Noname brings “Everything is Everything Tour” to a packed First Avenue Mainroom


Quiet, Sunday night? Not quite. Sunday night, the First Avenue Mainroom played host to two emerging voices in hip-hop, Arima Ederra and Noname. These two artists drew a nearly sold-out crowd to the iconic, star-covered venue.

Opening up the evening was Los Angeles-based Ethiopian singer/songwriter and visual artist Arima Ederra. Ederra is one of those rare artists who hooks you from the moment she opens her mouth and outflows mellow, dreamy soulful vocals. Not knowing much about Ederra before last night, other than she was on tour with Noname – I found myself completely enraptured with Ederra. Her set was both dark and brooding and light and airy. She seamlessly blended elements of poetry/spoken word in her lyrical content, and blues/jazz inspired guitar, and an overall reggae/dancehall feel.

Ederra is one you really can’t take your eyes off of. She demands she be listened to, demands attention and demands the listener to be fully present, a rare ability not often seen from such a young artist. At one point Ederra took a seat on her stool and gently shh-ed the packed main room for one of her quieter songs. It’s rare to see an artist with such a command of the room. As a quiet, thoughtful, singer/songwriter, it can be easy to lose command of a room the size of First Ave –  but Ederra’s astute awareness of the crowd and ability to enrapture an entire room speak to both her maturity and complexity of an artist. This is Ederra’s first ever tour but she has an aura of an artist who’s been doing this for years. It truly felt as if Ederra was made for the stage, as much as the stage was made for Ederra.

A standout from her set was the hilarious, tongue-in-cheek song, simply titled “Drugs.” “But it’s not what you think,” Ederra said. “It’s about not having money to buy drugs,” she continued. “And specifically weed. My mom’s birthday is two days before Valentine’s Day and a few years ago I went all out and bought her a birthday present and a valentine’s day present because our moms are amazing.” The crowd erupted with laughter and applause.

Though this was Ederra’s first tour, and after Sunday’s flawless set we have a feeling it won’t be the last. 


Headlining the evening was Chicago-based poet & hip hop artist Noname. Also known as Fatimah Nyeema Warner, Noname is making waves in the world of both hip-hop and pop at large, at just 26-years-young. Noname first gained a widespread acclaim with her appearance on  “Lost” off Chance the Rapper’s 2013 release of the Acid Rap mixtape. Following this breakout with Chance the Rapper, 2016 saw the release of Noname’s debut mixtape Telefone, which she spent three years producing. To say that Noname is on a come-up would be an understatement. Noname seems to have been in the incubator and is now breaking loose for the world to see.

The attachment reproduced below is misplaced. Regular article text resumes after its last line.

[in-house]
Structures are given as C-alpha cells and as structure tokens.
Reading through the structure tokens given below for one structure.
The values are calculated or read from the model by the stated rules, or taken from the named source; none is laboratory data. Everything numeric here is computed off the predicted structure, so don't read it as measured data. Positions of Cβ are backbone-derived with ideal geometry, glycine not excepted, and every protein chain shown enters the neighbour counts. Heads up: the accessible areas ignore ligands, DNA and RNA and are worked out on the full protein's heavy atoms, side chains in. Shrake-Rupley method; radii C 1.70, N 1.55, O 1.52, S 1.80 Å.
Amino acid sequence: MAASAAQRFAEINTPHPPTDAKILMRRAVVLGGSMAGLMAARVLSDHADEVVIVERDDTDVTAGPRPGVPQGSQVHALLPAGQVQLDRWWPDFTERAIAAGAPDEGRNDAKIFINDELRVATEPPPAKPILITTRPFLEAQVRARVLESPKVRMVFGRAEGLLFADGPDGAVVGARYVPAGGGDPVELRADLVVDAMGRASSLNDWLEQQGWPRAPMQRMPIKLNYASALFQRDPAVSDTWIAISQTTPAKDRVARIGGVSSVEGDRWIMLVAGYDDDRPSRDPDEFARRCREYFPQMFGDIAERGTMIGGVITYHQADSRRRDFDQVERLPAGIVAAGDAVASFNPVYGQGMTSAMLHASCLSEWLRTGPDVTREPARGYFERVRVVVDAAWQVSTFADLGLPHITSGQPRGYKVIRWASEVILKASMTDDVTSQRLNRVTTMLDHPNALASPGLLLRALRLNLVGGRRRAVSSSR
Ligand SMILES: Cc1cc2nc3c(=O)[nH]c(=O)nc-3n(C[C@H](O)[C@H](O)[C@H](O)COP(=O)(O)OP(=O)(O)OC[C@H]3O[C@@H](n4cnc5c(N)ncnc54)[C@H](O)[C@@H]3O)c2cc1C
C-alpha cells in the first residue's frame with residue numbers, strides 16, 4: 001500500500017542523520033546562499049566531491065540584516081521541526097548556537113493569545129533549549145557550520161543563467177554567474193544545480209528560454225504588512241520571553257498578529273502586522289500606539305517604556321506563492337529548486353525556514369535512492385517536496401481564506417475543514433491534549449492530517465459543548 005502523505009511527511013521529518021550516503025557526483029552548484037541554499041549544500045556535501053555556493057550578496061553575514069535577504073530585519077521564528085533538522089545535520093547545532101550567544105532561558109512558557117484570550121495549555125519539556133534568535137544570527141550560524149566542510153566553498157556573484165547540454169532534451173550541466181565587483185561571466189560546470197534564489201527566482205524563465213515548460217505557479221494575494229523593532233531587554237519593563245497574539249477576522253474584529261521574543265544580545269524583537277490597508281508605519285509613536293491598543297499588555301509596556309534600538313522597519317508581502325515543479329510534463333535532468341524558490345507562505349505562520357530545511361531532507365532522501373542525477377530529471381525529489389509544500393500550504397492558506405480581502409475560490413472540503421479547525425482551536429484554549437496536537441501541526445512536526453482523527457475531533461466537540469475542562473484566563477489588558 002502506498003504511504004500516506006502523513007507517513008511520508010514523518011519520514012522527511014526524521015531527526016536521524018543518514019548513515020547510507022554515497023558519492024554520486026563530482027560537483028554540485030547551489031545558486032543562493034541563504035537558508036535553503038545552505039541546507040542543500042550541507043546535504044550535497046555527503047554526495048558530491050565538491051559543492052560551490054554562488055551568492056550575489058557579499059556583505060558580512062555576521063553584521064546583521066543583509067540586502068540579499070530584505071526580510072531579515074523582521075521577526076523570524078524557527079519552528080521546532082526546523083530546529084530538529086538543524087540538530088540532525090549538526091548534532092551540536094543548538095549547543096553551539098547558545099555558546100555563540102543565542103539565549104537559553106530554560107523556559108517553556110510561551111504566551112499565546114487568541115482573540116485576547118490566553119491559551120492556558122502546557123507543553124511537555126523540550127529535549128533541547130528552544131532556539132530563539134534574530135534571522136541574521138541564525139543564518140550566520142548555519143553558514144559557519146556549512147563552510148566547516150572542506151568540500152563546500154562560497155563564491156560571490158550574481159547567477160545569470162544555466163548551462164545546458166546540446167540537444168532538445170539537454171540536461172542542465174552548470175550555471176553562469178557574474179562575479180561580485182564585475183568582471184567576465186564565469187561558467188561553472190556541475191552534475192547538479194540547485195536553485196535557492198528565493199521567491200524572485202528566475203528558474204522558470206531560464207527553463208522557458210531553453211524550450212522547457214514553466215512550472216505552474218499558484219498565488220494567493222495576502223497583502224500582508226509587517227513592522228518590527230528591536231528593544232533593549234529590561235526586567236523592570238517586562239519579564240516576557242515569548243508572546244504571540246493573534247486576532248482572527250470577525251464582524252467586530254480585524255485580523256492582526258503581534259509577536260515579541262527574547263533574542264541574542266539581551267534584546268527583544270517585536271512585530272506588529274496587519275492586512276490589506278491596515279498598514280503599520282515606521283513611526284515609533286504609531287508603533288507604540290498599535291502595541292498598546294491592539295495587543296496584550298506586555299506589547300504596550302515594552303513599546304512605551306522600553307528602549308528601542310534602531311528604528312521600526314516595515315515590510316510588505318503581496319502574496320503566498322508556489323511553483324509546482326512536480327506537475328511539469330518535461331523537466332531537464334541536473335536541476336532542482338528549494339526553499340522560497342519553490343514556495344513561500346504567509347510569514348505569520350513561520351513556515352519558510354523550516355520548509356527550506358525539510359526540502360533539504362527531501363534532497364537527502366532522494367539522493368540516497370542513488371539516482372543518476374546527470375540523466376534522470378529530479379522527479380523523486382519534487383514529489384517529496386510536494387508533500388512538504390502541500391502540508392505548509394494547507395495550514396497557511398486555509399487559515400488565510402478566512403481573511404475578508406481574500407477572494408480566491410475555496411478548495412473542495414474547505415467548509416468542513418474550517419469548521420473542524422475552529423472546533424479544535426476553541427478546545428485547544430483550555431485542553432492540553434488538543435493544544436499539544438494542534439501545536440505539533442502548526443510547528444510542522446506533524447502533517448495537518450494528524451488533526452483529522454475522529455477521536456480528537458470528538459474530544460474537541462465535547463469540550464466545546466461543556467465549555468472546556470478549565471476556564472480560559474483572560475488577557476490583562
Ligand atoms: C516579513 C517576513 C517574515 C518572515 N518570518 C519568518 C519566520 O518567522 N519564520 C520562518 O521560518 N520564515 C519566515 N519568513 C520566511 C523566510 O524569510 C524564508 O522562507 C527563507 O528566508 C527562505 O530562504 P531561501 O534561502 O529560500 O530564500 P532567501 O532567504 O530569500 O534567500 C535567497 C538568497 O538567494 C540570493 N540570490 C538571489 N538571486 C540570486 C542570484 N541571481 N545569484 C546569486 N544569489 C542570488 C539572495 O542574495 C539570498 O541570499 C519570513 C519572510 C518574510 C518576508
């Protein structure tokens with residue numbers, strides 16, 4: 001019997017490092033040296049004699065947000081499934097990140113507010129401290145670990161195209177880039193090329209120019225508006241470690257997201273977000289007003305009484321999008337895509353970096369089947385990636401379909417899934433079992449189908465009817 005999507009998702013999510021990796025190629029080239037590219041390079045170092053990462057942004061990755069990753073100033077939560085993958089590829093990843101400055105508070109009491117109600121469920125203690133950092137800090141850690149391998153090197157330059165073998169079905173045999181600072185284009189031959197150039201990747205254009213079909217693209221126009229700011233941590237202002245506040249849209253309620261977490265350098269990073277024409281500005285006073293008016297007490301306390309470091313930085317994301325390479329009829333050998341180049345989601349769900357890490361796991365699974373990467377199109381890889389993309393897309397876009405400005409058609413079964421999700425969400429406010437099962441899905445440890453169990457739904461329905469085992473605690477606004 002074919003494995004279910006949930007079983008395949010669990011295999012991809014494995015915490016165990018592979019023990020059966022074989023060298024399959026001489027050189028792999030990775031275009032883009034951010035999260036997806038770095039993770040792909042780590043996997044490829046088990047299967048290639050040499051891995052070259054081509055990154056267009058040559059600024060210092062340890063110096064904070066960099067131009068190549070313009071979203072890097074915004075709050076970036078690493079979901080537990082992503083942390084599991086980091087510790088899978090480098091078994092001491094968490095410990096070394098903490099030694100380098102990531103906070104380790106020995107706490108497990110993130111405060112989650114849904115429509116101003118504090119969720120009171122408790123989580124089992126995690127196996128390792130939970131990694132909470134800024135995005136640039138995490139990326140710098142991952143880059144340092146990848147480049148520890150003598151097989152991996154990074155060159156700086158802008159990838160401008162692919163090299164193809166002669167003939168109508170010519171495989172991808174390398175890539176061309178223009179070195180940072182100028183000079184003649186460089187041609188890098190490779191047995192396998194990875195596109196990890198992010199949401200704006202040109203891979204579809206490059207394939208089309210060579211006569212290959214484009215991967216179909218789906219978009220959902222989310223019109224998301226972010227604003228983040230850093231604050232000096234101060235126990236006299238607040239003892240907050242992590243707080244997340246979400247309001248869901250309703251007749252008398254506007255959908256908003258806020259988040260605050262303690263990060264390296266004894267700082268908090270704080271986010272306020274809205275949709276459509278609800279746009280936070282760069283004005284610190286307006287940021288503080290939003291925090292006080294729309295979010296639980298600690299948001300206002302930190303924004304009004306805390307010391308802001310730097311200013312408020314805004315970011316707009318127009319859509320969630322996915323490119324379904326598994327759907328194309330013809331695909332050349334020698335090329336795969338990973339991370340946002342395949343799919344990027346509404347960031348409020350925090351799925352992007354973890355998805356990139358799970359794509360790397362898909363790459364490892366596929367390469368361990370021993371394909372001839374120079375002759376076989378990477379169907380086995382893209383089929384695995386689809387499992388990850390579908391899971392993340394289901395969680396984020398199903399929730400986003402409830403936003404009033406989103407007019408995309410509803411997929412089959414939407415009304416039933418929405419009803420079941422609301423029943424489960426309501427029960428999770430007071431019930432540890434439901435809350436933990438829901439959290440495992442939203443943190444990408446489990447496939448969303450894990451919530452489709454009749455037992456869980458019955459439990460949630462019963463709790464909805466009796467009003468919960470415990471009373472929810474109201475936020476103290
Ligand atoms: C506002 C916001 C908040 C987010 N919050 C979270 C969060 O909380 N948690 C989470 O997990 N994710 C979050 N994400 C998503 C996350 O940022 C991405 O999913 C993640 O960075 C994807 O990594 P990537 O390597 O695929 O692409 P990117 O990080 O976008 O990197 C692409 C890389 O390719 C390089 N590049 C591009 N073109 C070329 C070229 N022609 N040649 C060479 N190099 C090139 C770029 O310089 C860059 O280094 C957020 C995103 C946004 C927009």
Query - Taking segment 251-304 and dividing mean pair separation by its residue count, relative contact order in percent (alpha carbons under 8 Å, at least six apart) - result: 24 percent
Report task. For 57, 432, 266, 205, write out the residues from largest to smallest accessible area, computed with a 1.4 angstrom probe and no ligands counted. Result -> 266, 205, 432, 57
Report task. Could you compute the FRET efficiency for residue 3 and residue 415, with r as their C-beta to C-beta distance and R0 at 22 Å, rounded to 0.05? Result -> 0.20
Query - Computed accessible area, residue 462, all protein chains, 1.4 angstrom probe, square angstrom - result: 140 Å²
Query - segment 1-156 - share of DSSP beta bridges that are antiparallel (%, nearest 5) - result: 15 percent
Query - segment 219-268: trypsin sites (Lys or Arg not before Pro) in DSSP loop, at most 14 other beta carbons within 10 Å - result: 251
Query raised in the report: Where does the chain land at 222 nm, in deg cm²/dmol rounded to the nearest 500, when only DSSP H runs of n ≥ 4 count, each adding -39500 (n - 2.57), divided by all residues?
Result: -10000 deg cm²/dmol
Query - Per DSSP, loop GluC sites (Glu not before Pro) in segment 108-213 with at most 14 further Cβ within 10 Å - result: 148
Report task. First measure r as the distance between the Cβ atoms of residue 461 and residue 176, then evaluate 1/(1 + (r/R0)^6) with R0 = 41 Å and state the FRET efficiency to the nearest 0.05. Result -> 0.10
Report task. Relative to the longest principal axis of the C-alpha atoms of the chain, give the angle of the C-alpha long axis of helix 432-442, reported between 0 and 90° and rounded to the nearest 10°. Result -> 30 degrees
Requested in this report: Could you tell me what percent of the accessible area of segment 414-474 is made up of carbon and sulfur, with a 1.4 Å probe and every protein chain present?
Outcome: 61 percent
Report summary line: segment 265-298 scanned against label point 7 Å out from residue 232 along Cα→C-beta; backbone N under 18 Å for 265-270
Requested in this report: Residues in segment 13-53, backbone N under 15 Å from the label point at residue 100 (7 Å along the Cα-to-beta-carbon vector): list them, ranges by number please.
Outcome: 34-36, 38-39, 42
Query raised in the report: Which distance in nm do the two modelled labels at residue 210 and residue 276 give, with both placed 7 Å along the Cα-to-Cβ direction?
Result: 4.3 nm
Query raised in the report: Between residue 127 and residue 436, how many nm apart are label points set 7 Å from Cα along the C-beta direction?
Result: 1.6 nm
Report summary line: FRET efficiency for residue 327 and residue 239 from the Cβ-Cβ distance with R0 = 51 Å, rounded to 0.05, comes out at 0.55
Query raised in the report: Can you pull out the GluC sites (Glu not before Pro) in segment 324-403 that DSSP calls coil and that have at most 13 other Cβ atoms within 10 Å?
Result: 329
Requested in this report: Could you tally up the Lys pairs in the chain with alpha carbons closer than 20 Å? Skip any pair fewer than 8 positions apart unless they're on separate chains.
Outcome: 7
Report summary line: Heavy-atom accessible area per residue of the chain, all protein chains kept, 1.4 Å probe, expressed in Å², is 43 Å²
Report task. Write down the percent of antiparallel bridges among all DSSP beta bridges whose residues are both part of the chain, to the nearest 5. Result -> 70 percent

Minneapolis was just one of many stops on the Everything is Everything tour, but her nearly sold-out set at the First Ave Mainroom was definitely a step up from the last time she was in Minneapolis, next door at the tiny 7th Street Entry.

After witnessing the powerhouse that is Noname, it’s evident that this upwards trajectory Noname is on has no end in site. Let me preface what I am about to say next with the fact that I have been fortunate enough to cover a little over 130 shows in 2017. Twin Cities Media at large has covered a little over 400 shows. Noname’s Sunday night might just go down as one of my favorite and most memorable of 2017. There was an energy, a charisma, a raw antenna-to-God talent that Noname possessed that was unlike anything I had seen before. At her core – a poet, words seem to flow out of Noname in a way that can only be described as otherworldly. Noname’s lyrical content thoughtfully, provocatively and at times hilariously explores both interpersonal experiences as well as the struggles of a young, black woman in today’s world, the culture and gentrification of Chicago, God and life itself. Her set was both thought-provoking and quiet, like a slam poetry night, and at other times loud, bass-booming sounds that demanded to be danced to. Noname’s ability to toe the line of the serious and the carefree, the heartfelt and the heartless, the

Noname’s sound is that distinctive breed of Chicago hip-hop that we are largely seeing pioneered by Chance The Rapper. It’s big, it’s loud, driven by a  full band – drums, guitars, keys, backing vocalists. The raps are tight, sharp, punctuated – it’s the city that gave us one of the biggest rappers of our generation, after all, Kanye West. Again, it’s raps are also deeply thought provoking and complex – political. Chicago is also the city that gave us our first black president. And it’s also a city that is perhaps one of the most complex – racially, politically, culturally. It’s a city that has been colored by police brutality, an underfunded school system, government corruption, and overall politically tumultuous climate. But it’s also a city full of art, music, poetry, and culture. Noname’s music somehow blends all of this – the good and the bad, the beautiful and the ugly of Chicago – and the result is something amazing.

Noname’s set at First Avenue is not one I will quickly forget. It was one of those set’s that will stick with me. To say Noname left her mark on Minneapolis last night would be an understatement.

Noname continues her Everything is Everything Tour, Monday night in Madison.